Changing the landscape of cancer research across the Island of Ireland through collaboration


Minister Simon Harris, Minister for Further and Higher Education, Research, Innovation and Science of Ireland opened the All-Island Cancer Research Institute (AICRI) Showcase – Vision and Progress event at the Herbert Park Hotel, Dublin on 27 September 2023.

The purpose of this event is to highlight the achievements of AICRI over the past year, to share its future plans and engage with a range of stakeholders from academia, industry, the clinic and those with a lived experience of cancer. It brings together the cancer research community on the island of Ireland to discuss its strategy going forward and show how AICRI can align with cancer care and cancer research at a national level in Ireland and Northern Ireland.  It will explore future opportunities that can benefit those involved in cancer research across the island and help strengthen North-South relationships and develop new ones. 

AICRI is a rapidly emerging virtual institute which is creating an overarching framework for cancer research across the island of Ireland. Since October 2020, AICRI has brought together ten academic institutions and multiple other stakeholders from the healthcare sector, cancer patients, cancer charities, industry partners and government agencies. It has a broad research programme from cancer prevention to cancer diagnosis and treatment to survivorship and quality of life.  

In March 2022, AICRI received its foundation stone funding with a €4 million award from the Shared Island Fund as a Strand III (Partnerships of Scale) award under the first round of the HEA North-South Research Programme. The Higher Education Authority administers the North-South Research Programme on behalf of the Department of Further and Higher Education, Research, Innovation and Science. AICRI and cancer research on the island of Ireland has benefited immensely from the North-South Research Programme, accounting for almost €13 million and one third of all funding under this groundbreaking scheme.

This award enabled an all-Island doctoral and postdoctoral research training programme in precision cancer medicine (AICRIstart ). Led by Prof. William Gallagher (University College Dublin) and Prof. Mark Lawler (Queen’s University Belfast), the programme trains ten doctoral students and ten postdoctoral fellows with significant expertise in precision cancer medicine. By bringing together ten academic institutions on the island of Ireland (UCD, TCD, RCSI, TU Dublin, DCU, QUB, UU, UoG, UL and UCC) in this foundational initiative, AICRIstart will catalyse an unique all-island network of excellence in cancer research.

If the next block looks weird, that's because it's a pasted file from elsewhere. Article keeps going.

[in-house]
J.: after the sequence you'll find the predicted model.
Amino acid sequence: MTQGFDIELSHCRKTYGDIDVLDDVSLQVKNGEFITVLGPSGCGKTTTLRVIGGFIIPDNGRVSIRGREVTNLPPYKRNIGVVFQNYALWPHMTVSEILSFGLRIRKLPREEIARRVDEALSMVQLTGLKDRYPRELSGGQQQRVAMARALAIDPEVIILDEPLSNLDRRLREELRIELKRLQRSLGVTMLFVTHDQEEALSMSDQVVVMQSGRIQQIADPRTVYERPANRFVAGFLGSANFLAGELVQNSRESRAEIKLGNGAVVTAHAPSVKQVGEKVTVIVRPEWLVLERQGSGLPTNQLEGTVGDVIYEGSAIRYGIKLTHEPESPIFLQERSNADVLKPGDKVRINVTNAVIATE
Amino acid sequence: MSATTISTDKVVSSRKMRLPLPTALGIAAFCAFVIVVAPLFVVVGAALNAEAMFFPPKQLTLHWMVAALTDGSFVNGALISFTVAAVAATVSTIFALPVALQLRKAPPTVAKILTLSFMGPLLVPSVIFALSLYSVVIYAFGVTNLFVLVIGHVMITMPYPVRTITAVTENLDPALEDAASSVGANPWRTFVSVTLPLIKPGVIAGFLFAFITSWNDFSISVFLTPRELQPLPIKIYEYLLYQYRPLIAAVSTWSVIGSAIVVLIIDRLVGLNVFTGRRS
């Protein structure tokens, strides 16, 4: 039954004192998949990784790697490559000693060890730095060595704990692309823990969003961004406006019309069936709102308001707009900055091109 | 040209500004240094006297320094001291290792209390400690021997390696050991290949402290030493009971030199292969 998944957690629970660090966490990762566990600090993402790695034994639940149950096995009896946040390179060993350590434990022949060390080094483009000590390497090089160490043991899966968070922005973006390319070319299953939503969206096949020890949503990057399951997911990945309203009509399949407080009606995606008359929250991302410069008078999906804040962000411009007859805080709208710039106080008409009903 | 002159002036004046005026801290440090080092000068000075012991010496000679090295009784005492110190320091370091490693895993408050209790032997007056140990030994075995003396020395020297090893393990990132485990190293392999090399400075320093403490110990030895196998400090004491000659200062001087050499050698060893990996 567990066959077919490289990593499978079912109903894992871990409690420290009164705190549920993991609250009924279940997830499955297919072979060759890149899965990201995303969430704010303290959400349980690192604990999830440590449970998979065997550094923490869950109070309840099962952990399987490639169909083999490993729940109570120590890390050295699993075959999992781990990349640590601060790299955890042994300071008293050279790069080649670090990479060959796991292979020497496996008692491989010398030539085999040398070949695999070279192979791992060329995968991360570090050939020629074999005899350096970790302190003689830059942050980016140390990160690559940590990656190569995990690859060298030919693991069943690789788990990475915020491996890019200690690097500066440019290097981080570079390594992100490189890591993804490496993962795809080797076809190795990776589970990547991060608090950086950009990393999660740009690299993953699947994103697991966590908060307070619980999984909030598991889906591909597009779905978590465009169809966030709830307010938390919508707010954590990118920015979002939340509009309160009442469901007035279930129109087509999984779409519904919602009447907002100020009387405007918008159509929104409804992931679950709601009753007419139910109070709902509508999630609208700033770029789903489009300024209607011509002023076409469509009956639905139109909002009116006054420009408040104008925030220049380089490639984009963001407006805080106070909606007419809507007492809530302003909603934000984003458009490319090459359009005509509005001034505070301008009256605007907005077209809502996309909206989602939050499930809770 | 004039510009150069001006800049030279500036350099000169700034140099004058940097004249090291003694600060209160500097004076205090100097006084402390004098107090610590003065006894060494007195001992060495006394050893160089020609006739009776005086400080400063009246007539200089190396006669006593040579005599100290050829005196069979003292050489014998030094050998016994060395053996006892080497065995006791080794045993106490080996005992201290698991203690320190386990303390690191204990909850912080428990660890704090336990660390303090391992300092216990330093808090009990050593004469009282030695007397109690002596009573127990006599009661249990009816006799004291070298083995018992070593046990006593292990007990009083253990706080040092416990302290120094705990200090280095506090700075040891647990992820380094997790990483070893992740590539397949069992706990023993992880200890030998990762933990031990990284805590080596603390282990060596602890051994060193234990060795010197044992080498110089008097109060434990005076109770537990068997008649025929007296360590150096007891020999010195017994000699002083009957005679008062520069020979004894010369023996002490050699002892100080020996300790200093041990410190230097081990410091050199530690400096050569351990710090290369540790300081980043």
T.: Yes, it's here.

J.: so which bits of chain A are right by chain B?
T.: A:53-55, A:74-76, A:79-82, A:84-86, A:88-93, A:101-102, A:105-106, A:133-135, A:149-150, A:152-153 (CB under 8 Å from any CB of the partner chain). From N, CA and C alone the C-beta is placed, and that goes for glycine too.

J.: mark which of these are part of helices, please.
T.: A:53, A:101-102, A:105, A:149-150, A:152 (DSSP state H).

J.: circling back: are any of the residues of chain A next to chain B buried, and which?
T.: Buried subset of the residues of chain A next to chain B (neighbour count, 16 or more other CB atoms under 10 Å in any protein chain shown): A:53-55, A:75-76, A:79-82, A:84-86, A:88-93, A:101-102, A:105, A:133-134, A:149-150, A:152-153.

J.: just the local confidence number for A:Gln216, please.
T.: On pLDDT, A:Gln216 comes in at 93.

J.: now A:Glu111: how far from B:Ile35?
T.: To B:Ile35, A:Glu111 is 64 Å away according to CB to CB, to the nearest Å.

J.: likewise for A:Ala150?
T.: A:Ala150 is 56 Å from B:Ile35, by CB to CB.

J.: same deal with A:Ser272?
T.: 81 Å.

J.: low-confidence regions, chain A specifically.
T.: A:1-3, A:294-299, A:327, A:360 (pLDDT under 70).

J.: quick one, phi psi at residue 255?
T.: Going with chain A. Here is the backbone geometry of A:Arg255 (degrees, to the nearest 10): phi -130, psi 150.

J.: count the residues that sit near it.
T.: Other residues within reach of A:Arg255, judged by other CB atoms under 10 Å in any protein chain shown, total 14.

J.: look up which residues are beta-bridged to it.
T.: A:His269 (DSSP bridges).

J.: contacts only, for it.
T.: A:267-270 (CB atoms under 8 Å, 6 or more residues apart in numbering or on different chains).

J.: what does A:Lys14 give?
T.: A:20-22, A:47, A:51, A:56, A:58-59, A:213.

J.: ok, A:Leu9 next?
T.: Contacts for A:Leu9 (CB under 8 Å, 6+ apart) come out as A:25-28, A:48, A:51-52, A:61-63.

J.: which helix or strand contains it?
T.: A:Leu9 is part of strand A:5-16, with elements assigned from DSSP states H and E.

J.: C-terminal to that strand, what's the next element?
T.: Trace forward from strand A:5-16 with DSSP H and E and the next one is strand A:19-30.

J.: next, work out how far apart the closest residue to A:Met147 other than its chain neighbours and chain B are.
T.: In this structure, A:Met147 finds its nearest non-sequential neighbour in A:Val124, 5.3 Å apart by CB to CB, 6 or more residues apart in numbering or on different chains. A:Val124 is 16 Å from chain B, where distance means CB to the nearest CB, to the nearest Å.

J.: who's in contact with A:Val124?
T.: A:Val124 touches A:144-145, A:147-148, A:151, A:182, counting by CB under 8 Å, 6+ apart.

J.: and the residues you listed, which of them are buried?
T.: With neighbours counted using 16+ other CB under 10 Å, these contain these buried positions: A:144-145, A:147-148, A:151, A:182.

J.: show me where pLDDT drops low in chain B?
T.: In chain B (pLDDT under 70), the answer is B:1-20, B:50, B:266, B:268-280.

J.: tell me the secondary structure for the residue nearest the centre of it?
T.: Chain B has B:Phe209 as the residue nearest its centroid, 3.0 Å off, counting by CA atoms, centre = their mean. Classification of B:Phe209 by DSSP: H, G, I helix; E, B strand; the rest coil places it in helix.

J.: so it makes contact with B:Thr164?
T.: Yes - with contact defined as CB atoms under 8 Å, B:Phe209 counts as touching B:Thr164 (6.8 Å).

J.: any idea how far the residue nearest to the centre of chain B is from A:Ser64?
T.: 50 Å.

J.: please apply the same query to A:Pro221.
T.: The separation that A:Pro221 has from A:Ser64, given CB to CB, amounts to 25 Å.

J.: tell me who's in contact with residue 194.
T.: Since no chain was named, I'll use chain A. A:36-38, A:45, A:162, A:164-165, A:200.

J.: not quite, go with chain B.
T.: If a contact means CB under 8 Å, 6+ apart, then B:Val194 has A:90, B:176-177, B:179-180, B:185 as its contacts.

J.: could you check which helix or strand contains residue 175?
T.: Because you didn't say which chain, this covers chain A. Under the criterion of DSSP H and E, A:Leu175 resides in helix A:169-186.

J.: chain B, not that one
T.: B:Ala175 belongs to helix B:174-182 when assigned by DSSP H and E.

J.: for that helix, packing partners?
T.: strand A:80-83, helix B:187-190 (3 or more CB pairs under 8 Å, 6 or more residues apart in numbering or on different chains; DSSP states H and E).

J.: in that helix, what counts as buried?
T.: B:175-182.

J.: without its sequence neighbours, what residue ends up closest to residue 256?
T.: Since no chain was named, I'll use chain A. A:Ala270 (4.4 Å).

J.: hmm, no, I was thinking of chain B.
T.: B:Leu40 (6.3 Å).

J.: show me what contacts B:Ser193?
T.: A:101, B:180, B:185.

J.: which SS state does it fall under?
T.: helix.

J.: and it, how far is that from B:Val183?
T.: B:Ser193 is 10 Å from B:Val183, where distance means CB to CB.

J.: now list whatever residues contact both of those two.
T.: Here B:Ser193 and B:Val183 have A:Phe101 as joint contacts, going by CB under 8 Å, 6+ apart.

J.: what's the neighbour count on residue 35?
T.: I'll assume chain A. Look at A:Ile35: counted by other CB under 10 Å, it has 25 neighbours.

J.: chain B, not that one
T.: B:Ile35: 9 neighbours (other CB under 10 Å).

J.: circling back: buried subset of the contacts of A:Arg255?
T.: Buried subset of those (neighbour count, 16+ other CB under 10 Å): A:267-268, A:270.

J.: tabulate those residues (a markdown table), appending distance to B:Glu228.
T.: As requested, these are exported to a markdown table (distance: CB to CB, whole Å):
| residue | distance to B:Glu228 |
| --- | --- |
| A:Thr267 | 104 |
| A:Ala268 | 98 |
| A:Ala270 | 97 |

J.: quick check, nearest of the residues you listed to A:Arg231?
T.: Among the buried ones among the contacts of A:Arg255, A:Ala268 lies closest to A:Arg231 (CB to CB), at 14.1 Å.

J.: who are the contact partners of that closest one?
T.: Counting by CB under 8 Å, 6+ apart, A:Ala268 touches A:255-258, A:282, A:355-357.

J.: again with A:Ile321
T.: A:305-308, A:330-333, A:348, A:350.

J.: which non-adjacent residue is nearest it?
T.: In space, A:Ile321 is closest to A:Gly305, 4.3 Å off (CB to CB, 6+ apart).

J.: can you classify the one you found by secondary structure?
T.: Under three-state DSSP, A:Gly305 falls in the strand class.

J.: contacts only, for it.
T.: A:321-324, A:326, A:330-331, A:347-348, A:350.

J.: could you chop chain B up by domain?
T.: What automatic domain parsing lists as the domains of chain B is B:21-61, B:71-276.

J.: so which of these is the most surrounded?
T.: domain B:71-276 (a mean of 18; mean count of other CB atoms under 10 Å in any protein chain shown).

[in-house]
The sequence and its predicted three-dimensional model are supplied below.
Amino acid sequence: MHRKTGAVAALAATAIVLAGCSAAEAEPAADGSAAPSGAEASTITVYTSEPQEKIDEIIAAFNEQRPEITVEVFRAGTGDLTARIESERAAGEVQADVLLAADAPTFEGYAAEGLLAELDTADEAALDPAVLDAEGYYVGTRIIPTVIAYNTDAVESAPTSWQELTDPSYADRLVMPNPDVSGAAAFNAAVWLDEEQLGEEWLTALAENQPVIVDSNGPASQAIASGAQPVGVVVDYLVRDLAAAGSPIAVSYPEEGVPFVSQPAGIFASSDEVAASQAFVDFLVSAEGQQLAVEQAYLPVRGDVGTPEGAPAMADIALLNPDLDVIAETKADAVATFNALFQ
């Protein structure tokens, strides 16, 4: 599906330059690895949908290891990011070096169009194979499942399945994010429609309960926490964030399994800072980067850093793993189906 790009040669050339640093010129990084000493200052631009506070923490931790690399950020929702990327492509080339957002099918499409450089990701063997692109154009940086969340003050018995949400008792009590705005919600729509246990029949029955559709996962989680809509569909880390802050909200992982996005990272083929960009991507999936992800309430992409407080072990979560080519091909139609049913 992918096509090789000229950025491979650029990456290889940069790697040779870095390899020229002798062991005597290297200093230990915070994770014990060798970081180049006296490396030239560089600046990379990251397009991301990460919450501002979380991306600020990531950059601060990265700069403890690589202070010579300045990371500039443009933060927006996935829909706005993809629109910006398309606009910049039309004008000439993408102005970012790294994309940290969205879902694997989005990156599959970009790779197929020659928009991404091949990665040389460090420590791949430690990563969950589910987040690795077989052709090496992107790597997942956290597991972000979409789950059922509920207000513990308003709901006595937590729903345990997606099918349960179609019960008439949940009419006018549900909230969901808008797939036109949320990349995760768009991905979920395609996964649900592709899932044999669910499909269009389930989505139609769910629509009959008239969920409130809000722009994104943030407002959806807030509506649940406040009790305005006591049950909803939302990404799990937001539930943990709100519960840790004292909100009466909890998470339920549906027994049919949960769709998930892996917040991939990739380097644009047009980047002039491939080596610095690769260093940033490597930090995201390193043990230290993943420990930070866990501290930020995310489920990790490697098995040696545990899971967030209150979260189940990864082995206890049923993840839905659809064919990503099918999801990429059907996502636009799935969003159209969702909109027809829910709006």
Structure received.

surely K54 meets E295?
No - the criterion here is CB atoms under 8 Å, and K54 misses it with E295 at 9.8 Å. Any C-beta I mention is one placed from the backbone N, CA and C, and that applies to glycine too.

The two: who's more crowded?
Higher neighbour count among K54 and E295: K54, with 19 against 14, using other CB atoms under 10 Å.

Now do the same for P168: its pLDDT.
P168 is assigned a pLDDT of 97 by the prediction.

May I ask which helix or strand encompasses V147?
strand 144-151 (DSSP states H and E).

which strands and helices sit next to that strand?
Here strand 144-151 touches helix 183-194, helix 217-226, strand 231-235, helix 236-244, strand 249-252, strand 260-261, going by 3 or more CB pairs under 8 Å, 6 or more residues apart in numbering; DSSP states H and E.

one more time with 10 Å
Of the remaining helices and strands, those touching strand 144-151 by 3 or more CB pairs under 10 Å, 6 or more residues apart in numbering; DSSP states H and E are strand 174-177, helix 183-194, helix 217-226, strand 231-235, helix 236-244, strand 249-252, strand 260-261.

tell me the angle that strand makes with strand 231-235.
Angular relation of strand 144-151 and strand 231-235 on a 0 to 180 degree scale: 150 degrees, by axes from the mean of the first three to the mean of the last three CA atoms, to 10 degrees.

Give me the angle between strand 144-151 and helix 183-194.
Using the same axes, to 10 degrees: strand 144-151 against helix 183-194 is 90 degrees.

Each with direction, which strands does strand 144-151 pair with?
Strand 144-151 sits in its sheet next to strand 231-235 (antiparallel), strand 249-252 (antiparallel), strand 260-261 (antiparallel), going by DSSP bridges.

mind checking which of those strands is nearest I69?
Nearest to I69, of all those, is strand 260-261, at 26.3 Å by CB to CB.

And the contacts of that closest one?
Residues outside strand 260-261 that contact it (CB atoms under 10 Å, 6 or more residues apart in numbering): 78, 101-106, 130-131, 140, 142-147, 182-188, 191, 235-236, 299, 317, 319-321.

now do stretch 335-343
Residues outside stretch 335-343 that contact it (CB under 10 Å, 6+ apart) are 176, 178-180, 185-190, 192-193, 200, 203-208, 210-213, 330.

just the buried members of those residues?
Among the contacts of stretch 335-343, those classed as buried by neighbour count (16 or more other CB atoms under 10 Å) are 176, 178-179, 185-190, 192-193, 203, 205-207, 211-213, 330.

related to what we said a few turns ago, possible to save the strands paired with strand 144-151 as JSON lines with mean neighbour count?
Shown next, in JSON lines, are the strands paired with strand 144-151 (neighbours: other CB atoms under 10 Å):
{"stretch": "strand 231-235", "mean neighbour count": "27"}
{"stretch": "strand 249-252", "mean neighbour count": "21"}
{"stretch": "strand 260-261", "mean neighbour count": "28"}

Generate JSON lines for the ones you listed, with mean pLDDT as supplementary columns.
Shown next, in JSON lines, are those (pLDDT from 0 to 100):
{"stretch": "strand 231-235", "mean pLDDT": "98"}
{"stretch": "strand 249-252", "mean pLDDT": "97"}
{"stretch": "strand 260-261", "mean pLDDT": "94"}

Minister Harris said “I am delighted to provide an opening address today at this key event which is summarising the amazing progress that the All-Island Cancer Research Institute has made over the last couple of years. This cross-border research collaboration reinforces North-South links and helps to establish new relationships in the cancer research community across the island of Ireland. 10 academic institutions and multiple stakeholders across the entire island of Ireland are working towards a common purpose, which is to better understand cancer and convert this information rapidly into effective diagnostics and therapeutics, as well as help those with a lived experience of cancer. Key funding from the HEA North-South Research Programme has provided the foundations of this inspiring collaboration, which is transforming how cancer research is performed on our island to improve the lives of our citizens.”.

Commenting on the event, Professor William Gallagher, Professor of Cancer Biology at University College Dublin and Co-Lead of AICRI said: “AICRI is building an overarching framework for cancer research both in Ireland and Northern Ireland. It is about creating a community, an attractive ecosystem to carry out world leading cancer research for the benefit of patients and wider public.”

Two other major cross-border cancer research awards (each €4 million) were funded under Strand II of the HEA North-South Research Programme, one relating to digital health (led by Prof. Aedin Culhane at UL and Prof. Mark Lawler at QUB) and the other relating to liquid biopsies (led by Prof. Lorraine O’Driscoll at TCD and Prof. Paul Mullen at QUB). 

Prof. Mark Lawler, Professor of Digital Health at QUB and co-lead of the Strand II eHealth Hub for Cancer project, presented findings of a recent landmark study led by Queen’s University Belfast that has shown how precision medicine can be a cheaper and more efficient way to treat cancer.

Professor Lawler explained: “This landmark study highlights how precision medicine can deliver affordable care for cancer patients. Moving towards a precision oncology Companion Diagnostic (CDx)-guided approach can deliver health benefits at a potentially affordable cost, including in the development phase, lowering expensive clinical trial attrition rates and sparing patients from those treatments that are ineffective and may have significant side effects. If we don’t deploy a CDx-guided approach we are missing a huge opportunity to deliver the best, most affordable care to our patients.”